The latest Axe Fx was released last year.

                  Comment


                  • And the Axe FX I/O is 24 bits 48kHz on all versions. But the main conception is not new, it's dated in 2011. The TD-50 is announced as a groundbreaking next level gear supposed to redefine the future.

                    Look, the TD-50 will be a great success and a great drum module, that's not the question. But remember, the TD-30 was criticized on many things but also on the rather low fidelity of its sounds, on the machine gun effect. So much so that ATV proposed a new module with specially crafted real hi resolution samples. What does Roland argue when releasing its new flagship? It's hi res MIDI. Well this was introduced in 2014 with a stage piano, so it's not new. And it doesn't address the fidelity question, which measures in the sampling rate on the specs sheet in the end. But this doesn't prevent Roland to present the TD-50 as a thing of wonder and above all novelty. I'm sorry but if we look at the facts, it's not the way things are. And we could go on, they argue they consulted and listened to the users in the design of the TD-50. Well if we take a look at the sequencer it's not true, they didn't listened to the users, as things remained untouched here (well the TD-50 now records audio as well, but that was introduced in the TD-25 already.) We could go on and express more concerns, and they are real, the problem is not us stopping expressing these issues, it's Roland stopping producing them in the first place. I have the feeling the smoke screen will operate at full rate with the release of the TD-50, once more, and it's not a good news, it's not satisfying, it's not fun anymore, and we are more and more, as many say, go cold turkey on this.

                    The usual Roland, the one from before the 2008 crisis, used to release a new drum module flagship every 7 years or so. That really made a difference, people had the time to really use their module and kits, and tech really advanced 2 or 3 steps during this time, the novelty used to be spectacular indeed. Now if they more or less double the releasing rate, and in the meantime the users become more aware and informed in these matters and more prone to express their critics and concerns online, it will inevitable become more and more difficult to justify the mistakes, the price, the lies, the marketing, the dust hidden under the carpet. Don't you think?
                    Last edited by Rhappy-dude; 09-11-16, 04:37 PM.

                    Comment


                    • Originally posted by ug65 View Post

                      the axe FX II (the guitar equivalent of the TD-30) doesn't do 96k so not sure it's fair to say all.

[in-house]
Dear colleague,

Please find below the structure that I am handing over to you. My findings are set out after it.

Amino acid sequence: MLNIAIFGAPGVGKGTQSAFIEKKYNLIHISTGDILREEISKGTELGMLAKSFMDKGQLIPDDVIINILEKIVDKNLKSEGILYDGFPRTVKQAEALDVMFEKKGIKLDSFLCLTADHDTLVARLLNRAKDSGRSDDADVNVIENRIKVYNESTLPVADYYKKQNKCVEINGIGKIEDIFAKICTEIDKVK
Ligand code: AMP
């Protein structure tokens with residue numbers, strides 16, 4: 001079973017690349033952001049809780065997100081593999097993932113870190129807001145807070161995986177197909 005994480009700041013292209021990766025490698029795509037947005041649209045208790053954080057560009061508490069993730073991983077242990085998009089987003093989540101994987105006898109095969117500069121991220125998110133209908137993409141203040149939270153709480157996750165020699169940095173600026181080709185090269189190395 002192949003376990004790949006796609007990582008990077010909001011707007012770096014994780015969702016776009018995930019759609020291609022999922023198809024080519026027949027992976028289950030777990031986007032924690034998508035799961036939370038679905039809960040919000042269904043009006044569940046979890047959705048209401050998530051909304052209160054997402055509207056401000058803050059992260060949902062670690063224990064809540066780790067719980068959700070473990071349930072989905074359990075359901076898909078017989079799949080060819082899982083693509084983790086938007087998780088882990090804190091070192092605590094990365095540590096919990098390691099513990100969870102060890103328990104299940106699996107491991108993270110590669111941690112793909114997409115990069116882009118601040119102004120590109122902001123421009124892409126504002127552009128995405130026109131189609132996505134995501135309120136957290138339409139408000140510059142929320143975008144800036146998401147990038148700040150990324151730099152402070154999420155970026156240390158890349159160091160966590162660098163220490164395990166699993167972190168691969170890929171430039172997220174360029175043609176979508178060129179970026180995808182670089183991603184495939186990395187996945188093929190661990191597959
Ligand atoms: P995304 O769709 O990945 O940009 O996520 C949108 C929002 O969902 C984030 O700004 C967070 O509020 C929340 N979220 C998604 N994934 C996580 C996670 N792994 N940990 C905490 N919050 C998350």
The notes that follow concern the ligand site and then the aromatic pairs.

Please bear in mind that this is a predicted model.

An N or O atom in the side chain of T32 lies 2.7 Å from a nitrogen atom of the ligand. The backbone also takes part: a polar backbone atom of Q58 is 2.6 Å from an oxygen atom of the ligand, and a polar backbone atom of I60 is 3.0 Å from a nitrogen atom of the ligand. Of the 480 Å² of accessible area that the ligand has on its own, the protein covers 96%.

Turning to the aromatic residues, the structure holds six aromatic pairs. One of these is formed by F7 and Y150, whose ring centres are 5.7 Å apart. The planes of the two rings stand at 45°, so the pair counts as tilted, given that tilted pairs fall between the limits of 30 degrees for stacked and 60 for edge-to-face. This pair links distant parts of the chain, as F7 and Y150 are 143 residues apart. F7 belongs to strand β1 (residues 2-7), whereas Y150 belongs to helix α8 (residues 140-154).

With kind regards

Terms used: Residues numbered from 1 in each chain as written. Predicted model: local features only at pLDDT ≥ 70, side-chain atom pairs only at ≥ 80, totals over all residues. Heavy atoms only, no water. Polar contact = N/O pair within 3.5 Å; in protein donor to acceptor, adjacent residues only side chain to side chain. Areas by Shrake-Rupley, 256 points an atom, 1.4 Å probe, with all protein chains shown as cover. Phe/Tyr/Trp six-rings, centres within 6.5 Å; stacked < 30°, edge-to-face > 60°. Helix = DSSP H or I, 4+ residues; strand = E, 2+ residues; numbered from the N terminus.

I'm mainly a guitar player and I can easily say that these two boxes aren't even in the same galaxy. There's some dude over on The Gear Page claiming he can program a COSM based GT-100 that slays the AxeFX II. I've heard his attempt and let's just say it falls short. Roland keeps repackaging the same old COSM into new boxes and people fall all over themselves to shell out another $2,500 or so to get an incremental improvement in sound. The difference between a 20 and a 50 hasn't been that great. The difference between triggering VSTs with a 20 compared to a 50 is huuuuuuge. That huuuuuge leap hasn't been accomplished yet in the drum world by Roland like it has in the guitar world. FWIW, I use the L6 Helix for my guitar rig.

                      Yamaha Birch Custom Absolute | TD-20+TDW-20 | CY-14c X 2 | CY-15r | VH-11 | VEX | Superior 2+SDXs | Line 6 UX-8 | Mac Mini

                      Comment


                      • Originally posted by JmanWord View Post
                        FSR requires power.
                        Hi Jman,
                        With all my honest respect, why would a FSR require power? It's a changing resistance as a signal... The hihat controllers for Roland modules work like that as we all know and they also use the same TRS jack? I said FSR only because Michael Schack mentioned in the video that the head can be put on any BD making it a e-BD. That came to mind initially - what else can it be then, if it is not a FSR to make the head self-sufficient ? Maybe they stuck a piezo between the mesh layers ?
                        Roland TD-15
                        TAMA MetroJam2 TRB A2E

                        Comment


                        • Originally posted by Rhappy-dude View Post
                          And the Axe FX I/O is 24 bits 48kHz on all versions. But the main conception is not new, it's dated in 2011. The TD-50 is announced as a groundbreaking next level gear supposed to redefine the future.